“There are so many vacant lots in South Los Angeles that could be turned into mini parks. This not only helps with physical health, but also with mental health, ”said Marsha Mitchell, director of communications for the organization. “We have very few grocery stores, and if you live in Compton or South Los Angeles your life expectancy is nearly seven years lower than in Santa Monica, Beverly Hills or Malibu.”

Dedicating more resources to fight racism could backfire, in part because voters, including some Democrats, have shown skepticism about some of the liberal and expensive policies being pursued by the Democrats who control Sacramento, Mike Madrid said, a Sacramento-based Republican political advisor who also worked for the Democrats.

He referred to Proposition 16, the November 2020 polling initiative that would have repealed California’s 1996 Positive Action Ban Act, 57% 43% opposed.

“Racism is, to a large extent, a public health problem – just look at the chronic illnesses and lower life expectancy of blacks and browns, and most people believe that racism is systemic in our governance,” said Madrid. “But voters are becoming increasingly critical of how racism is used by politicians to advance an agenda.”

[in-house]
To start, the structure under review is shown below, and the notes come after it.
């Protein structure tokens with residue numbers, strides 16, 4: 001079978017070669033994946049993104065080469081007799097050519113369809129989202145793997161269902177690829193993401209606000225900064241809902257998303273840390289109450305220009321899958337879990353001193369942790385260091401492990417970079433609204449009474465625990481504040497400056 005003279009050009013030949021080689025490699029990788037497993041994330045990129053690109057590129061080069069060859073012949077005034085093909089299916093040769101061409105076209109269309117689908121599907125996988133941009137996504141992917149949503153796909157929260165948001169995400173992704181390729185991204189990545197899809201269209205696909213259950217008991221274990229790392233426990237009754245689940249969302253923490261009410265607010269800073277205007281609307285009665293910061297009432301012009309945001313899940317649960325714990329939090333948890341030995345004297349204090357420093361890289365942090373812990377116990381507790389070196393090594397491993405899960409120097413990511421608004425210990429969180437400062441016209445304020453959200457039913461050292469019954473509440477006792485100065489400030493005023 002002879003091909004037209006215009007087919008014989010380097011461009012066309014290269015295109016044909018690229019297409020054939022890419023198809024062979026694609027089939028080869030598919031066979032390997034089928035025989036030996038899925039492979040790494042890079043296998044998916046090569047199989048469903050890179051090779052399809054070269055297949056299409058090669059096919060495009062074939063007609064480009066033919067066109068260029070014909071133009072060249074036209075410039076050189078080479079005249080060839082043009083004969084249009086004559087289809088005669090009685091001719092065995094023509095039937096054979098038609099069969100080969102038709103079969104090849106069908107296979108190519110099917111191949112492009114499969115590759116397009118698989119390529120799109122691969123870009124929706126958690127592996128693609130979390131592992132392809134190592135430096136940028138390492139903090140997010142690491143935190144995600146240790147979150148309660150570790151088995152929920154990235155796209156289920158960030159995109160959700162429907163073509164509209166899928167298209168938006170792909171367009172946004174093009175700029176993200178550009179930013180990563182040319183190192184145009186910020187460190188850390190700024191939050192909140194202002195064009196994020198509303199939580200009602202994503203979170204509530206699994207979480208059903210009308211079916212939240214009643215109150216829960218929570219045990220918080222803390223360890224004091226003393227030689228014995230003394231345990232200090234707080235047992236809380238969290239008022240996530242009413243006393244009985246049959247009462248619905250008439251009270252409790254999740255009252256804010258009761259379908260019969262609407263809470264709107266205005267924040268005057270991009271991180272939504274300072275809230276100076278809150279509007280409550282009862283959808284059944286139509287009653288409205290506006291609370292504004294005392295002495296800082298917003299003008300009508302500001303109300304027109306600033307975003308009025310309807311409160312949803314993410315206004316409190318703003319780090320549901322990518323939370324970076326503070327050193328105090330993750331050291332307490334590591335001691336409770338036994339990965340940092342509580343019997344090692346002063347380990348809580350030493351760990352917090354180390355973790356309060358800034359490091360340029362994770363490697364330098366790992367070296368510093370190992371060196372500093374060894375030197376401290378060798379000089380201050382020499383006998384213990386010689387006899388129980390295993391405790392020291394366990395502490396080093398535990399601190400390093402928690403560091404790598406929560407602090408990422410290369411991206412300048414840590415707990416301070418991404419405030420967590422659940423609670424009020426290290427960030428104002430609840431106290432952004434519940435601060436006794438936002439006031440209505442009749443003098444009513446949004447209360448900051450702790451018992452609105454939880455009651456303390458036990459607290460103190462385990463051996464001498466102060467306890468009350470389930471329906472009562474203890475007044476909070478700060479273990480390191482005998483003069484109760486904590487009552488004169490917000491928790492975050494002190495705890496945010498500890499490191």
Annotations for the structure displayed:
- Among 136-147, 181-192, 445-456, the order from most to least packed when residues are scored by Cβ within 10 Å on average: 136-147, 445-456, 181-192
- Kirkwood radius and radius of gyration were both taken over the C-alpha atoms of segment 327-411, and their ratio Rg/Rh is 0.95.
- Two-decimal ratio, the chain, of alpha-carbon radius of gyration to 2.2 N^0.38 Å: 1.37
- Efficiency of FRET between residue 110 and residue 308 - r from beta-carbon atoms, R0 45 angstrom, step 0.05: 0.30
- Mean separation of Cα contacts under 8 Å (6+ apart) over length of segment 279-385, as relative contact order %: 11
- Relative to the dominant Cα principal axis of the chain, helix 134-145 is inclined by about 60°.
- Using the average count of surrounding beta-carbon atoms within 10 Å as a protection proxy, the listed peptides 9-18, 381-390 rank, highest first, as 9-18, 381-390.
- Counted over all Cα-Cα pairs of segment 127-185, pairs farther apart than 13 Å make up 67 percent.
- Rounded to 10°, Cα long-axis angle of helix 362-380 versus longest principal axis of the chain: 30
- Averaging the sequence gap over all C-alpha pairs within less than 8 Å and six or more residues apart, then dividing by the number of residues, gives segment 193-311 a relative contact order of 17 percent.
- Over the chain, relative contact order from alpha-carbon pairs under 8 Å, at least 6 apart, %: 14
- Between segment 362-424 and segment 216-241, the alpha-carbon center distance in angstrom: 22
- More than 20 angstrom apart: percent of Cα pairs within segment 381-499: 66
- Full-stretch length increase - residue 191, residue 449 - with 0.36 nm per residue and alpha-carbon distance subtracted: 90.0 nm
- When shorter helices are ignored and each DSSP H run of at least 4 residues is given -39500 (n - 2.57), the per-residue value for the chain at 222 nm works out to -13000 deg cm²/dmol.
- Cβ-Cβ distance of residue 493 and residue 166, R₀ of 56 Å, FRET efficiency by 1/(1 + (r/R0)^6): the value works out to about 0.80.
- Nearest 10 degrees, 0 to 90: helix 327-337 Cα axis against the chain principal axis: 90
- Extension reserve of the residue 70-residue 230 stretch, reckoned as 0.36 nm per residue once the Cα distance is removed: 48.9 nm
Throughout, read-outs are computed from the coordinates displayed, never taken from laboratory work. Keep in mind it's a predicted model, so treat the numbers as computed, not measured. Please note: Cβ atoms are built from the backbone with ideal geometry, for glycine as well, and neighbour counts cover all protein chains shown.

Too much focus on racism could create a backlash, he said, “while focusing on poverty and inequality would solve many of the racial problems.”

But state Senator Richard Pan (D-Sacramento), who leads efforts to establish a Racial Justice Bureau, said funding and state leadership, which is heavily focused on structural racism, are essential to end it. Should the office not be funded in budget, Pan said he would submit an invoice.

The office would work with the state’s new chief equity officer to investigate the California government, including state hiring practices, legislative proposals, and budget spending decisions, for signs of racism or inequality.

With hate crimes against people of Asian descent on the rise, it is a priority for the legislative caucus of Asian and Pacific islanders, Pan said.

“We need to invest more in prevention,” said Pan. “The state must strengthen itself and support color communities.”

This story was produced by KHN, an editor of California Healthline, an editorially independent service of the California Health Care Foundation.

KHN (Kaiser Health News) is a national newsroom that produces in-depth journalism on health topics. Together with Policy Analysis and Polling, KHN is one of the three major operational programs of the KFF (Kaiser Family Foundation). KFF is a non-profit foundation that provides the country with information on health issues.